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Maintenance matters

Selecting a service provider for your fleet


June 15, 2011
by Kara Kuryllowicz

Maintenance matters precisely because vehicle performance affects everything from a company’s bottom line to employee and customer satisfaction.

“Fleet maintenance all comes down to cost per kilometre, which goes beyond the parts and labour to the measurable—wages and productivity—and intangible costs of downtime—lost sales, driver and customer satisfaction—as well as the impact on the resale price,” says John Bettio, service manager at Whiteoak Ford Lincoln in Mississauga, Ontario, which splits its annual fleet service of 2,500 to 3,000 vehicles between cars, trucks and vans (65 percent) and specialty vehicles such as fire trucks, snowplows and ambulances (35 percent).

“A courtesy car or van is an easy option, but renting or borrowing a specialty vehicle is more of a challenge.”

Fleets, their management companies and service providers typically respect the manufacturers’ recommended service intervals for their particular vehicles (model and year) and expect drivers to do the same with their suppliers of choice.

“General Motors dealers adhere to the maintenance schedules recommended in the owners’ manuals for our various nameplates—there shouldn’t be any deviations or variations,” says George Saratlic, product communications manager with GM Canada in Oshawa, Ontario.

“Our recommended service intervals are designed to ensure the best possible performance of our products based on either the distance travelled or the passage of time. Those schedules apply regardless of weather or road conditions.”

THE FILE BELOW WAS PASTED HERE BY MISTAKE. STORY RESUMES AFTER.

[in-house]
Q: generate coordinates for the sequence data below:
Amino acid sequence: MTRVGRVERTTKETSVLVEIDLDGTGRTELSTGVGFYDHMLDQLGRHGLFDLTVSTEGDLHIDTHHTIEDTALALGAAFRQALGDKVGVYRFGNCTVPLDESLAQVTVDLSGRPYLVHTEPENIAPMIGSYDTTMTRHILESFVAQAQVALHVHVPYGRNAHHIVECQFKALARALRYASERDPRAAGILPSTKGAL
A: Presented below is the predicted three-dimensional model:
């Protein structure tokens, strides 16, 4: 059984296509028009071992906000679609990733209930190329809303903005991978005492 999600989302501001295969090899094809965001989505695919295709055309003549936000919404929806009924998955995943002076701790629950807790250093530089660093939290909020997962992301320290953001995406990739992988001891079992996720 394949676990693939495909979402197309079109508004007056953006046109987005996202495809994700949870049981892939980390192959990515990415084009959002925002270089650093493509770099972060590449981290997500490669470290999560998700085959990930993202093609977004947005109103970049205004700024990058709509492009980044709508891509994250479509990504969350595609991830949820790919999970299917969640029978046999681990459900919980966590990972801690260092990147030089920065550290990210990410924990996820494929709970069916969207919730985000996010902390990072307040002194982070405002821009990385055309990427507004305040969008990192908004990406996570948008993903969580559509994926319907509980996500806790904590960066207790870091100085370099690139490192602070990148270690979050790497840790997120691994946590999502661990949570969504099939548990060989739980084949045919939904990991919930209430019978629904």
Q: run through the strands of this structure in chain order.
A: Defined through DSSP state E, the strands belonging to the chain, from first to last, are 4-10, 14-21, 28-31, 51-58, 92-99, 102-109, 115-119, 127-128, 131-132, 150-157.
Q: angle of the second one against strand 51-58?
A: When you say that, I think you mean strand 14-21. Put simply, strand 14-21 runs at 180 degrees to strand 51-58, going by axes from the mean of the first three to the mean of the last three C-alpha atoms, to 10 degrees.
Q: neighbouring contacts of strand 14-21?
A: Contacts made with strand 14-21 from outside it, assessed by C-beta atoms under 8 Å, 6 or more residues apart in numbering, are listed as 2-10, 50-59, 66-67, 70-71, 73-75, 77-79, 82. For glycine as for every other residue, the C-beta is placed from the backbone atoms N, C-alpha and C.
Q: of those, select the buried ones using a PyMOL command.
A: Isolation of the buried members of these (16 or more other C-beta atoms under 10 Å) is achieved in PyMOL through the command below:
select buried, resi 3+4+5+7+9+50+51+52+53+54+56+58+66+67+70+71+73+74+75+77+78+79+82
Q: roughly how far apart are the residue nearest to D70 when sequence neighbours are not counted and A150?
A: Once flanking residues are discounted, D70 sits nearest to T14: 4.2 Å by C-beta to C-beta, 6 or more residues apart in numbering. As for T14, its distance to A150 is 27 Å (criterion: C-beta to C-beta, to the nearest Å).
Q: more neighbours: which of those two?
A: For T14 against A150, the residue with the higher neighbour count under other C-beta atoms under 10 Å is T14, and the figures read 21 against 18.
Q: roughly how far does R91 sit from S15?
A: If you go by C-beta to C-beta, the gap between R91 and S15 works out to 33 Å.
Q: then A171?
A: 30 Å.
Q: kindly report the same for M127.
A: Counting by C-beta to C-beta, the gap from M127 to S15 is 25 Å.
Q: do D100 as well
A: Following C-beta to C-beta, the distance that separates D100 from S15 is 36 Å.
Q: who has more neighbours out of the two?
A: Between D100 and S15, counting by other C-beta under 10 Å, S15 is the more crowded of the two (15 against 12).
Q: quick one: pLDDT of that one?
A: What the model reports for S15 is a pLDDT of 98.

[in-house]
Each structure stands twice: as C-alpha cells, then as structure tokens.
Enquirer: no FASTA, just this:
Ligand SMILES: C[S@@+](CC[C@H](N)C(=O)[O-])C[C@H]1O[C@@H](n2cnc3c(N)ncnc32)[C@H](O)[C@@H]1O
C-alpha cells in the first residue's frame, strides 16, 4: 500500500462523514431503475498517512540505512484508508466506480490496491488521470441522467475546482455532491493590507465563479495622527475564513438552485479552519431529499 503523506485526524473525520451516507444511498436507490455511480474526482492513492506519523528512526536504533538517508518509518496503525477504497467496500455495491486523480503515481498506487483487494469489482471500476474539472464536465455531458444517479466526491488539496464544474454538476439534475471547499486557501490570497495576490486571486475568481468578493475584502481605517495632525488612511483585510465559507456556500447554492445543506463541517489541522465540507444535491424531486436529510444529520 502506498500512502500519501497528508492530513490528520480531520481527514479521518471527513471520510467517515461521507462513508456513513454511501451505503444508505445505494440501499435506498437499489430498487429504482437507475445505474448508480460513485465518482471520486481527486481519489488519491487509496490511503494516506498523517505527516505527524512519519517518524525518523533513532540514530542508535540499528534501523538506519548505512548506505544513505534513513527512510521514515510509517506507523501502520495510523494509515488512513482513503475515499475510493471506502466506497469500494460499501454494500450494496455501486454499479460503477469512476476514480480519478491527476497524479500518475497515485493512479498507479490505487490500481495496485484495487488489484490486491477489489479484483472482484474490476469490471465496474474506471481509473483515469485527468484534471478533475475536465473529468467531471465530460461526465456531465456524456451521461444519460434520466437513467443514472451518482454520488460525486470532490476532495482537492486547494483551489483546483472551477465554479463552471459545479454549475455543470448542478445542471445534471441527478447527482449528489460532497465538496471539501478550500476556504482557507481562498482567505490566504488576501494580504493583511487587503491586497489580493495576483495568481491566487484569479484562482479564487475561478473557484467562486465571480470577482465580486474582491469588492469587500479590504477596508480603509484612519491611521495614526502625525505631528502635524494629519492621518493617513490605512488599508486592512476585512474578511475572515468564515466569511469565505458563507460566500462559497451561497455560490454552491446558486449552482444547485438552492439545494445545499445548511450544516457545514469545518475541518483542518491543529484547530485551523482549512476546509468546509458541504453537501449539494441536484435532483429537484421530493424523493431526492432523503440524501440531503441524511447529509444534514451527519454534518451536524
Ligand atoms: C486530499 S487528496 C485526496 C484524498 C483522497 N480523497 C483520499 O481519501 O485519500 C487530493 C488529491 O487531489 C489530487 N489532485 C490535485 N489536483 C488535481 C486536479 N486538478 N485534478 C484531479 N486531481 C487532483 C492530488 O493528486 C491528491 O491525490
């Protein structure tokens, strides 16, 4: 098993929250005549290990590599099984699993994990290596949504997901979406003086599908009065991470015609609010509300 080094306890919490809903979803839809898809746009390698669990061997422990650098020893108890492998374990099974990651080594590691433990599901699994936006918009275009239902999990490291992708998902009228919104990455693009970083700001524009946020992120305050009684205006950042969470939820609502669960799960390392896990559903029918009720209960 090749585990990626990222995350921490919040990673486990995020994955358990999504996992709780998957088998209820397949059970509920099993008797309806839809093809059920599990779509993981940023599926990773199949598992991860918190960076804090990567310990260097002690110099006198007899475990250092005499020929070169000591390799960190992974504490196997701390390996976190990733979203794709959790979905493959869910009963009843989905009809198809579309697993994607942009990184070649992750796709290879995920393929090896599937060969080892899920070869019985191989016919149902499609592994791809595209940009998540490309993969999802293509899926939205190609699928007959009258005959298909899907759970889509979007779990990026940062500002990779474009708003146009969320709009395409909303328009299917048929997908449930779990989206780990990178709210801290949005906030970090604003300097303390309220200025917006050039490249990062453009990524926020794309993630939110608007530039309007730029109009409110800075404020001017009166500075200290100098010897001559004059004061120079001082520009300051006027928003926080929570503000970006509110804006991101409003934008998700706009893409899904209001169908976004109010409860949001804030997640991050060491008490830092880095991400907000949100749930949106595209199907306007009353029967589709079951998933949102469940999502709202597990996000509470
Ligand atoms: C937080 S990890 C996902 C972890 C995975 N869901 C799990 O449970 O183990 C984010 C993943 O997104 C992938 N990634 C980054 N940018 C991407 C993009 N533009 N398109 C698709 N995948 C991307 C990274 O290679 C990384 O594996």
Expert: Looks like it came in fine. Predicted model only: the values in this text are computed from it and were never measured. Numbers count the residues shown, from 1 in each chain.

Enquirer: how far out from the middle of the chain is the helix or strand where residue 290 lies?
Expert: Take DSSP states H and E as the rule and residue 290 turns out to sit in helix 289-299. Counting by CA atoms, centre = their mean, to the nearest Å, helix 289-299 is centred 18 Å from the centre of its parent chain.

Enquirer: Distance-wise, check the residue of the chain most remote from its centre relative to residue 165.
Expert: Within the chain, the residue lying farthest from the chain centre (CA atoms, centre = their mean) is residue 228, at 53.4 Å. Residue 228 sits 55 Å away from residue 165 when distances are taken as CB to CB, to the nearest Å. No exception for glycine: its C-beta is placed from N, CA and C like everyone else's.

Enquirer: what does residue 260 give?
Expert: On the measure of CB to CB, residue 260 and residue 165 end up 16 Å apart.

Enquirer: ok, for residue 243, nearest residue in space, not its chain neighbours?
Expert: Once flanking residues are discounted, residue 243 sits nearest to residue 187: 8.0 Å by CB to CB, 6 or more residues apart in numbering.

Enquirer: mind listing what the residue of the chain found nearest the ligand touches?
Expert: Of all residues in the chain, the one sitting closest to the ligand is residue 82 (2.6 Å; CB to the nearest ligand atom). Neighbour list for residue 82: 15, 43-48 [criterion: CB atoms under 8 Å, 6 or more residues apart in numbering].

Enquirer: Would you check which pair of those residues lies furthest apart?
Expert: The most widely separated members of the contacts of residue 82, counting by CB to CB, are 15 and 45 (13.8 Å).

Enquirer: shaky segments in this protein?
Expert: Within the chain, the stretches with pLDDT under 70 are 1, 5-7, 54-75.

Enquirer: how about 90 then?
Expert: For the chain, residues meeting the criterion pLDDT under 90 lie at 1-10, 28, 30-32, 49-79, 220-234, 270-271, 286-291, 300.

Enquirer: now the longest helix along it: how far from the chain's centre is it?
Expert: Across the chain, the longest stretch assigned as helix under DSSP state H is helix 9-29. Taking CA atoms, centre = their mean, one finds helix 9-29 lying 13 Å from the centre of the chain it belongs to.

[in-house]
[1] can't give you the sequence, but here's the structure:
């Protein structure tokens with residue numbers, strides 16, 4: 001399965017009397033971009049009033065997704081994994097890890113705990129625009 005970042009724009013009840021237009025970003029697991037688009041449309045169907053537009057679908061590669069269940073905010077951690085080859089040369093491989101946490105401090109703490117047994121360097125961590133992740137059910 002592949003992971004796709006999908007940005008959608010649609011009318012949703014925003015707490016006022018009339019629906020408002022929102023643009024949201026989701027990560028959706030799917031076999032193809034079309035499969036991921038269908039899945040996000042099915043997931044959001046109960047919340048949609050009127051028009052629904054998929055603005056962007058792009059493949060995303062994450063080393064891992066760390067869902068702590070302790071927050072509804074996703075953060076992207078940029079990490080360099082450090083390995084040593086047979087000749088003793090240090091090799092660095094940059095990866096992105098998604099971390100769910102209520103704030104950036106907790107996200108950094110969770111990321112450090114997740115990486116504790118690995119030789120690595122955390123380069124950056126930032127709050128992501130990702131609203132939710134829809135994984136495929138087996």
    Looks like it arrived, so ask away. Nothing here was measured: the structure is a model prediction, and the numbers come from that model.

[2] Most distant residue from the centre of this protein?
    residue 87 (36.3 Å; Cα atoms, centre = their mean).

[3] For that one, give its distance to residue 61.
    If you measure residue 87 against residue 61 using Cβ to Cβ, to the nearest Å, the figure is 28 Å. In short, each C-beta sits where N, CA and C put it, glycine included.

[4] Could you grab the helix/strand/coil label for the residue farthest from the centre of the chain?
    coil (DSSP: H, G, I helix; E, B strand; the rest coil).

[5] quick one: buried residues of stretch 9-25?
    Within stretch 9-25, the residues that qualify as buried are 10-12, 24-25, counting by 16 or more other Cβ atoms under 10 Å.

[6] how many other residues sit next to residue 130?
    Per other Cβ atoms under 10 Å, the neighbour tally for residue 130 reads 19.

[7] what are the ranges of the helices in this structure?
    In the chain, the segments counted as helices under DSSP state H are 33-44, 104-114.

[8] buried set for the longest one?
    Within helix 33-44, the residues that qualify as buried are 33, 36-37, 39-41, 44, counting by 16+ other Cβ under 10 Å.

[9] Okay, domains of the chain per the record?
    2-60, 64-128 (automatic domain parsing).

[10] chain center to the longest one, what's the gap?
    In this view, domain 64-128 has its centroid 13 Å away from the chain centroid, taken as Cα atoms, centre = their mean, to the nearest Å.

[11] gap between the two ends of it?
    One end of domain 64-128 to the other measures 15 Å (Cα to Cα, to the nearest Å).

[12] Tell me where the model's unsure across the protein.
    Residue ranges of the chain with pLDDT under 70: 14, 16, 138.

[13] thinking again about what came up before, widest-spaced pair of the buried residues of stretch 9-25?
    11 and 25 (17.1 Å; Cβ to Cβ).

Recommended schedule
Dealers typically follow the manufacturers’ recommended maintenance schedule and rely on their in-house fleet experts to assess true usage and tweak the frequency and services accordingly.

Here’s why: As Bettio points out, a utility vehicle, for example a Ford F550, might drive just 40km a day, but the engine runs an additional eight to 10 hours to power the accessory lift, which puts a significant number of extra, but invisible, miles on the engine. Such severe duty might require a brake and power-steering fluid flush-out and a fuel system cleaning that the manufacturers rarely recommend.
“Together, the dealer and the manufacturer will cover all of the bases, including temperature extremes, which can be very severe in parts of Canada, where it can swing from -30C to +30C,” says Bettio. “This is why we recommend the severe maintenance schedule.”

Increased frequency
When service providers recommend increased frequency or specific services not on the manufacturer’s schedule, fleet managers and drivers may assume it’s an unwarranted upsell. However, if the fleet manager or driver discusses it with the service expert, they may learn it’s entirely legitimate based on the technician’s observations, prior knowledge or test results.